The Queen Anne Helpline is stepping up to bat this spring season, meeting the growing food needs of residents on the Hill.
The Helpline office has seen an increase in phone calls from families and the elderly seeking food assistance. Patrons of the clothing bank, who normally take just items of clothing, have started taking more nonperishable food items off the Helpline shelves as well.
Suzanne McCallum, assistance director of the Helpline, says the increased need can be attributed to many factors, but closures have played a big part. "We're getting a lot more referrals because of closures; you can just see the impact they've had in the increase of calls from people," she said.
Two specific shakeups cited by McCallum are the Emergency Feeding Program, which was run by the Council of Churches but is currently in transition and being reorganized, and the Bethany Queen Anne Food Bank, which closed in the fall. The Bethany closure has had a more direct impact on the Hill.
For nonresidents who call in for food help, the Helpline staff offers referrals to two other nearby food banks in downtown Ballard and the Cascadia neighborhood. For residents of Queen Anne, the Helpline can do more.
In collaboration with the three grocers on the top of the Hill - Ken's Market, Metropolitan Market and Safeway - the Helpline is able to offer a variety of food assistance. The largest aid comes in the form of food vouchers, which the Helpline gives to clients and the grocers agree to accept.
Ken's Market has a food barrel out in the entry area for collecting nonperishable food donations. Ken's manager Joe Vizzare says the work with the Helpline fits their goal to stay connected with the community in a meaningful way: "Working with the Helpline is a nice fit for us. We love to help out with food donations. I wish we could do even more."
Ken's Market also supports the Helpline with coin donation jars on its countertops. The jars provide needed revenue. Ken's also accepts bus vouchers.
Metropolitan Market has had coin jars on its counters for as far back as anyone can remember. Dick Rhodes, one of the founders of the Helpline, was also the owner of the then-Queen Anne Thriftway. It was his recognition of the need for food assistance that helped found the Queen Anne Help-line.
The current owners of Metropolitan Market were some of Rhodes' previous employees, and the tradition of supporting the Helpline has been kept alive by them. Whether it's employees contributing volunteer labor hours or huge assistance with the Festival of Food and Auction, Metropolitan Market has been there.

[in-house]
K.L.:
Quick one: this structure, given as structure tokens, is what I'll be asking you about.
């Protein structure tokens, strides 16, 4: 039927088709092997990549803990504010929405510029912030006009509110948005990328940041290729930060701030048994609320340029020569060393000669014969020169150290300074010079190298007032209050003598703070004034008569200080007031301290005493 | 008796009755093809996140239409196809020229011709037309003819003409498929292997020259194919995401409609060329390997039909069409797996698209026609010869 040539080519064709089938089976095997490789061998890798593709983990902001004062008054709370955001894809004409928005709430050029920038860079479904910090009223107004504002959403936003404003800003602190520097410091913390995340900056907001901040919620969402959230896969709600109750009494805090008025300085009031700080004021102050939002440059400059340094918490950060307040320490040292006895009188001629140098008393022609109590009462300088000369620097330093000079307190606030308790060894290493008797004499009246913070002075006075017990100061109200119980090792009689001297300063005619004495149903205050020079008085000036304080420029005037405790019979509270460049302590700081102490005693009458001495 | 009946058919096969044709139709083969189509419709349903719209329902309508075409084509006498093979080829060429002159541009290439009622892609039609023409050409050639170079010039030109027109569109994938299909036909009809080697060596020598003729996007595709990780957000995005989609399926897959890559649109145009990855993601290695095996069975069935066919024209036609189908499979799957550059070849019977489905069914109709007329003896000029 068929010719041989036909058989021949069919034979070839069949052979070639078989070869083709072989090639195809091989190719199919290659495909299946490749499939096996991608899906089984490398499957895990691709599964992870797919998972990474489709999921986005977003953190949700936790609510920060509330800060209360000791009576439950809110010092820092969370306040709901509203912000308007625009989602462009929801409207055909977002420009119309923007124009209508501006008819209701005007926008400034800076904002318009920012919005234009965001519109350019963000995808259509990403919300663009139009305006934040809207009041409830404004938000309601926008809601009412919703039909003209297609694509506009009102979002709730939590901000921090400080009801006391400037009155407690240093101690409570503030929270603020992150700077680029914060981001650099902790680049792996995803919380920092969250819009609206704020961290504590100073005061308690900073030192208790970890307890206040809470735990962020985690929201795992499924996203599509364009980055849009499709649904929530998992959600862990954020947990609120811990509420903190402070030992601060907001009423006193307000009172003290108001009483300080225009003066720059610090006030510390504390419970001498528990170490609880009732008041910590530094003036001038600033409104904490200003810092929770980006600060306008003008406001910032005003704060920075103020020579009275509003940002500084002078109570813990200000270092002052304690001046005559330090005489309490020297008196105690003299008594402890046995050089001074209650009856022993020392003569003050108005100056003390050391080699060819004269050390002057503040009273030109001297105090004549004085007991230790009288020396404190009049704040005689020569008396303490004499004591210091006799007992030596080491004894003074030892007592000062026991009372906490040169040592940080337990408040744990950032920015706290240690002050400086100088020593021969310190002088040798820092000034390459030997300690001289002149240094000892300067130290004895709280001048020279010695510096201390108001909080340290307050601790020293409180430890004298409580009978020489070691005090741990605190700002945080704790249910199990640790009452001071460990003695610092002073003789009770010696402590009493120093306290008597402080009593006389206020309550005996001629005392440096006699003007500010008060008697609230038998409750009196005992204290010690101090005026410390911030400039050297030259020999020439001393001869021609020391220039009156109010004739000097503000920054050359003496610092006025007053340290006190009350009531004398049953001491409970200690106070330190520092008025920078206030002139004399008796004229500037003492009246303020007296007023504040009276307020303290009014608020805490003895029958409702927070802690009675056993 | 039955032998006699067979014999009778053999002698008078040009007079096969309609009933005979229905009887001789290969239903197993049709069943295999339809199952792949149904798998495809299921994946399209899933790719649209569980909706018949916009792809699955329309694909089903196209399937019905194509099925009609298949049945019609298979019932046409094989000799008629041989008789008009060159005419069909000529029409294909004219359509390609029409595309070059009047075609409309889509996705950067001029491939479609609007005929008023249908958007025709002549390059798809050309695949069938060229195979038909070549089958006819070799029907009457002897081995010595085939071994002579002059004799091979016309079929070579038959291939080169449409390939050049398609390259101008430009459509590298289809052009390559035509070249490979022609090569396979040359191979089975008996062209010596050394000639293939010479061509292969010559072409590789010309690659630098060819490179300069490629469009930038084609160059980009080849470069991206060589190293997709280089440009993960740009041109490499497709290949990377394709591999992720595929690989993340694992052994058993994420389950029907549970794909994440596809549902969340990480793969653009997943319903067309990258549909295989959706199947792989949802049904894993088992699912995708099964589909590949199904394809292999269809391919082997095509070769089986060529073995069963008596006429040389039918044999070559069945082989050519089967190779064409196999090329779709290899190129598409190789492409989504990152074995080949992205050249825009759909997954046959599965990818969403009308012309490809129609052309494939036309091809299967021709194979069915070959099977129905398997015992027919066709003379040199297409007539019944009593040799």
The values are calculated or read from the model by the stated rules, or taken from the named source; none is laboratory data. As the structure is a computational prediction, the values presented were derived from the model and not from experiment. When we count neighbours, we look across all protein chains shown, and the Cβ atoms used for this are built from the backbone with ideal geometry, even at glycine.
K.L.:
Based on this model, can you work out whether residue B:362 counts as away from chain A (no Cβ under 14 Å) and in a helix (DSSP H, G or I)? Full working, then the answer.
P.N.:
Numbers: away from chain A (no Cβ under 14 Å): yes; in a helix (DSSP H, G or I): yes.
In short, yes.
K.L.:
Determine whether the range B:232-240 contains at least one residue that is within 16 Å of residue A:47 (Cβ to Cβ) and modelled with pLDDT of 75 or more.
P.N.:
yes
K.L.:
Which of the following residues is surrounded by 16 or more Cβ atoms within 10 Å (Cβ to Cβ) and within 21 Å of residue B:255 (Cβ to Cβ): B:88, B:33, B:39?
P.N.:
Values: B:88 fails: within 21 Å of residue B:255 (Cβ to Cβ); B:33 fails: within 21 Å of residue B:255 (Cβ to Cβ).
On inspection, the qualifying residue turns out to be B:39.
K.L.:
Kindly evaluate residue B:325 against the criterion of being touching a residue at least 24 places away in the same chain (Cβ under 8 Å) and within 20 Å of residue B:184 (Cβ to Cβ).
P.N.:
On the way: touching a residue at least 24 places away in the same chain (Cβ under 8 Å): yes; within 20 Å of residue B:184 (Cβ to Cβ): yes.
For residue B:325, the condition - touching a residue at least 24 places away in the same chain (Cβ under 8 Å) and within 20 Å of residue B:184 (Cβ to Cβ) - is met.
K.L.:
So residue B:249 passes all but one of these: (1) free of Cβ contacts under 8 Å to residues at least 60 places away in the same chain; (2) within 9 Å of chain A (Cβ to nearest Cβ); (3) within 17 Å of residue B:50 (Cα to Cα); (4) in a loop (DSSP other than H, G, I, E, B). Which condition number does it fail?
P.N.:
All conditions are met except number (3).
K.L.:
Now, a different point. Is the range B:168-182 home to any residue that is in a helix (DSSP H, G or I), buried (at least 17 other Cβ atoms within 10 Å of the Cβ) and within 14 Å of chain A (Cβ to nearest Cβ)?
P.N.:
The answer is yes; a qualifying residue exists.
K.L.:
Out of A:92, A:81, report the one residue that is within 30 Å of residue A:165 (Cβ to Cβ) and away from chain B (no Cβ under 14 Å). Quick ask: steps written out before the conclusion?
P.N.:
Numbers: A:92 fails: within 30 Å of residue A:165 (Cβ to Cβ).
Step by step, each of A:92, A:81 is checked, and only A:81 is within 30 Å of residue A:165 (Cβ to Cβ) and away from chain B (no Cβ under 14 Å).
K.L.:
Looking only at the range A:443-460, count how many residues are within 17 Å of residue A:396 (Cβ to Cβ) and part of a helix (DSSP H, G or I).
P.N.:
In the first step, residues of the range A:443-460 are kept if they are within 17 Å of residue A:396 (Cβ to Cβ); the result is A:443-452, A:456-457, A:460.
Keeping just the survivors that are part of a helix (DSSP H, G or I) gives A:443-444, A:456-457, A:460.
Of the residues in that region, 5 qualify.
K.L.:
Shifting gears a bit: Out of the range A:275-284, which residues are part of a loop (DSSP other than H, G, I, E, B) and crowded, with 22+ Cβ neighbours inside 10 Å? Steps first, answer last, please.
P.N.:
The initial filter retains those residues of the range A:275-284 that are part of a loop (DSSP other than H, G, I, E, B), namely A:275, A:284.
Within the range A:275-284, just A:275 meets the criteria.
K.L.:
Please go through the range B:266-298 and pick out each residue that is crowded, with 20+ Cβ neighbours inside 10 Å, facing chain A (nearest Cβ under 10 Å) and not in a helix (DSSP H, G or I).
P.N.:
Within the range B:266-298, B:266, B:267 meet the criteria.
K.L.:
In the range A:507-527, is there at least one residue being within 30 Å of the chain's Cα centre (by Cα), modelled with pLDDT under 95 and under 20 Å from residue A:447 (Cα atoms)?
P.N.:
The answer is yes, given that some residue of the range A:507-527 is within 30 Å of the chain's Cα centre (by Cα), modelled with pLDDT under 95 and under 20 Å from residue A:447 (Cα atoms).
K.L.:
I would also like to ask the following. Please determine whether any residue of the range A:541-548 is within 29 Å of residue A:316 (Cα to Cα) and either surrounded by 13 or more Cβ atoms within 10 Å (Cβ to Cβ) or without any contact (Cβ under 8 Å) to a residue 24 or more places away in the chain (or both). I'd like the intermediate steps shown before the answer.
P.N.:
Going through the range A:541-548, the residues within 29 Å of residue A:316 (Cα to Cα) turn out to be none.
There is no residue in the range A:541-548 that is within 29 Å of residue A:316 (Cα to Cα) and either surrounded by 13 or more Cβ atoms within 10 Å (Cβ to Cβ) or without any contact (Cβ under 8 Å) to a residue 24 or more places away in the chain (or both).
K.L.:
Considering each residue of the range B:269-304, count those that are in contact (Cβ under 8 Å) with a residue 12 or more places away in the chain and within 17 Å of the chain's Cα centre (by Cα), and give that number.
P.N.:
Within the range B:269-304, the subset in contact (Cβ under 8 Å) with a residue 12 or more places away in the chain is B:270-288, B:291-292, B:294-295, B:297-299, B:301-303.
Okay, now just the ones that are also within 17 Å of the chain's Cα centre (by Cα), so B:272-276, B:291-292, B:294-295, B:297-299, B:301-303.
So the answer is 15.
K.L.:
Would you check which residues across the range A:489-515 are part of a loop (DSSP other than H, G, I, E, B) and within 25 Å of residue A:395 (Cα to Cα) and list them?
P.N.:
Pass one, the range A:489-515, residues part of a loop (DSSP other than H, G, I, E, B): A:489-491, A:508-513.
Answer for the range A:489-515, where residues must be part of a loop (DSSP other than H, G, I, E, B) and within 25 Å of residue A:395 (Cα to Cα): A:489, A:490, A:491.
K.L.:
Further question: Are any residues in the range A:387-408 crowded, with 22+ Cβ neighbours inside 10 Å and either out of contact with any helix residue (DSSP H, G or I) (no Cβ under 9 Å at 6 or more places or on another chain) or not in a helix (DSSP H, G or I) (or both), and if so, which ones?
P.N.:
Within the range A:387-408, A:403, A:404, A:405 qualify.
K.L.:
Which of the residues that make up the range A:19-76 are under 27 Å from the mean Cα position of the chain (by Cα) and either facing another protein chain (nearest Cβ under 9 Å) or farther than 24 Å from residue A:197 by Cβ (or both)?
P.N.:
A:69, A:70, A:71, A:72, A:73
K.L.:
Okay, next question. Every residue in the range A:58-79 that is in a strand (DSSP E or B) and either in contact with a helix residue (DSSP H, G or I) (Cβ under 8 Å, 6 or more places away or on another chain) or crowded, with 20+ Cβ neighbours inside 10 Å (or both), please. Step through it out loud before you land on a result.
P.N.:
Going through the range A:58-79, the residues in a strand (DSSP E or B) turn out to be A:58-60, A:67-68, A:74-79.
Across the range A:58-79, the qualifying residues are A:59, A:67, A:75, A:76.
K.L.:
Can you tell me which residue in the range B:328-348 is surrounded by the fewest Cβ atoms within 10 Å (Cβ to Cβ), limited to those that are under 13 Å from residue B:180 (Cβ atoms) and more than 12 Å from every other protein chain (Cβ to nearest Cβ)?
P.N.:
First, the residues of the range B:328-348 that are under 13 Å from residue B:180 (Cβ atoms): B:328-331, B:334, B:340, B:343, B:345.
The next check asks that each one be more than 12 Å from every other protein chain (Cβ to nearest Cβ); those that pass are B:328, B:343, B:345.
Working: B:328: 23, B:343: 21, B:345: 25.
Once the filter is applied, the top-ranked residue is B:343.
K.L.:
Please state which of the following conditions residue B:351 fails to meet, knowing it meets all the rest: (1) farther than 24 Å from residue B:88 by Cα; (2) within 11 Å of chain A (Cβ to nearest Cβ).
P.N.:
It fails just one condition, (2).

Ilga Westberg, marketing director, says the relationship is one where everyone feels good - including the employees: "We've all volunteered at some point for the Helpline. It's such a cool thing to do," she said.
Pat Sobeck, director of the Helpline, says the relationship with these grocery stores is at the core of what the Helpline is all about - linking to the community
Jill Dietrich, manager of the Safeway at the top of the Hill, has offered her store's support, too. Safeway has let the Queen Anne Helpline use a portion of its parking lot for the yearly Christmas Tree Sale in December. In addition, Safeway accepts prescription vouchers in its pharmacy department and has let the Helpline set up a toiletries drive in front of the store.
It's clear that the relationship between the Helpline and these local grocers is key to continuing to feel the need of food aid on the Hill.
Vizzare, referring to the bond Ken's Market has with the Helpline, may have said it best: "We kind of feed off each other."
Volunteers are needed to staff the office of the Helpline. Call 282-1540 for more information.
Rummage Sale benefiting the Helpline on April 29, 9 a.m.-5 p.m. and April 30, 9 a.m.-3 p.m., will be sponsored by and held at the Queen Anne Masonic Temple, 1608 Fourth Ave. W. (across from the library). Collectibles and new/used household items will be for sale. Donations are welcome. Call the Helpline for more information: 282-1540.